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Executive summary by Norbert Gleicher

We are here summarizing findings of a worldwide survey of 2013 professionals, offering reproductive services to infertile patients (67% physician, 28% embryologists/biologists, 3% nurses and 2% others), as to how they relate to continuous medical eduction (CME). Interestingly, only approximately half of respondents (54%) came from countries where CME is mandatory; yet 70% felt CME was important for them.

Amongst different ways to pursue CME, medical conferences ranked highest (22%), even exceeding the reading of medical journals (21%), with all other activities lagging significantly. Most, interestingly, a very large majority (78%), however, preferred small conferences (<200 attendees) to large meeting (>500 attendees). Quite remarkable also is the low value placed on informal communications (11%), industry symposia (8%) and poster presentations (2%) in large meetings, suggesting that a large majority prefers meetings where scientific materials are presented comprehensively and authoritatively by known experts.
In other words, most respondents to this survey are not interested in most recent research findings which, down the road, may or may not enter mainstream medicine.

The survey presents an interesting dichotomy by giving a very low ranking to industry symposia at large conferences (8%); yet, overwhelmingly favoring industry symposia to be presented on line (83%). This could be interpreted to say that respondents do not want to waste their time on message from industry at meetings but are very open to receiving these messages in their home offices online. Such an interpretation is also supported by only moderate interest in exhibition areas during medical conferences, with approximately half of respondents (51%) placing only moderate value on visiting exhibition areas in advancing their education.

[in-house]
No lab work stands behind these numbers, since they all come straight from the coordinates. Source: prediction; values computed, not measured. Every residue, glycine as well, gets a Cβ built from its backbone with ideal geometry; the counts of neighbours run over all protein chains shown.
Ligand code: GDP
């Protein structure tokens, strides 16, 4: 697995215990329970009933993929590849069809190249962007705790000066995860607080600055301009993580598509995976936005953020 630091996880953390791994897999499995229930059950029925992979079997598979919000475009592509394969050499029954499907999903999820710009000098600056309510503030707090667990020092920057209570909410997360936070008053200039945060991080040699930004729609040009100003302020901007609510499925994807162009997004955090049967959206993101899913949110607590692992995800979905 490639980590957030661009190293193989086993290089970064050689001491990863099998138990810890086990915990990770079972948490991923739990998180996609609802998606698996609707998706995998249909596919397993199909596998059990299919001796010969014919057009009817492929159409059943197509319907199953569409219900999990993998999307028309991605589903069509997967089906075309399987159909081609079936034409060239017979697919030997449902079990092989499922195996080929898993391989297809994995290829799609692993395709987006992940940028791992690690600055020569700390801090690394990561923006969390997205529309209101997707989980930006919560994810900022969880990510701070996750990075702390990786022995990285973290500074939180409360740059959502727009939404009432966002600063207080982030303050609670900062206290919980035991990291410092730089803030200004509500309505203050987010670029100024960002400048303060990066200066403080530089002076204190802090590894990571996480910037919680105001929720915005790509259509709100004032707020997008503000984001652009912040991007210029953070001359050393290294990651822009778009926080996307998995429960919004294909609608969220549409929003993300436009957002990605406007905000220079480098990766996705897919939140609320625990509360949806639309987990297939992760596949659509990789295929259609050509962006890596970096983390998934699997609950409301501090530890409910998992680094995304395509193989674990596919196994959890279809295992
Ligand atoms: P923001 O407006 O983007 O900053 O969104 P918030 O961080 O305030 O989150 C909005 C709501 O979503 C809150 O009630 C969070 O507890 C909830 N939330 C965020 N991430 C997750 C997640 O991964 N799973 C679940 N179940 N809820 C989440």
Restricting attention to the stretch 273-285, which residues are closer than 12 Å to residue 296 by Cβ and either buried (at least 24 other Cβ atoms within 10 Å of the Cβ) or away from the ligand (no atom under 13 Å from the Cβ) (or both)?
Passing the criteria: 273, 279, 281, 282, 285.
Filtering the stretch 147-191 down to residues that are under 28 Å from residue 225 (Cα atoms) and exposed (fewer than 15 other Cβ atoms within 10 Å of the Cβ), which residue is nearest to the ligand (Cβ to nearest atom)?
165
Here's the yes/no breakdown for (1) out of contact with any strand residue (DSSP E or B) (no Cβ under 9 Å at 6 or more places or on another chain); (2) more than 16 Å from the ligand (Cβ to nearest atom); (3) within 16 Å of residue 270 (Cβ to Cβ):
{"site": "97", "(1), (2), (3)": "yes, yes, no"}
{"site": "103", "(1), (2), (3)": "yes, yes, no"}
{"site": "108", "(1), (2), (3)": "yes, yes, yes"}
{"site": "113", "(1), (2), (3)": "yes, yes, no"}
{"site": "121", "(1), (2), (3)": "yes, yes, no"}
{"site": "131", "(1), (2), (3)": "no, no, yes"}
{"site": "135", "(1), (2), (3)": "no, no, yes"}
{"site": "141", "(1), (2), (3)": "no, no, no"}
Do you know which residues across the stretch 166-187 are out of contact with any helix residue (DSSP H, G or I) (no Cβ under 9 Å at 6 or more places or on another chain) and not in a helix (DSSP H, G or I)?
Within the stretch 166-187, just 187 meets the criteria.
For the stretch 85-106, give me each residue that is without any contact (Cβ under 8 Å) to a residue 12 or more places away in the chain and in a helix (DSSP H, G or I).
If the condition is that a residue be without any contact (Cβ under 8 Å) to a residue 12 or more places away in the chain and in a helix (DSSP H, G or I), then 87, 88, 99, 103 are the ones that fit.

Quite remarkable, 56% of respondents note that they by now already receive more than half of their educational content via electronic means, yet, equally remarkable, is the very sparse use pharma company websites by respondents.

Considering all of these responses, it is not surprising that 80% unequivocally answered with yes when asked whether they would be interested in joining a free "Virtual University" for education in reproductive medicine on IVF-Worldwide (20% answered with maybe), and 84% unequivocally answered with yes when asked whether they would be interested in an expanded video library (15% answered with maybe).

For those among us who for many years have been involved in CME, few of here received responses come as a surprise. We have known for many years that in all medical specialties practicing physicians' interests and professional needs differ from those of academicians, and especially scientists. The practicing physician seeks out CME programs, which offer comprehensive, reliable and easily applicable update summaries with relevance to their daily practice. The academician/scientists, in turn, is interested in most recent research developments. In this survey represented professionals came, almost equally divided from single physician practices, small group practices (<5 physicians) and larger group practices. It would be interesting to further investigate to what degree responses to in this survey asked questions differ based on practice size and academic affiliations.

Norbert Gleicher, MD

Medical Director and Chief Scientist,
The CHR President, Foundation for Reproductive Medicine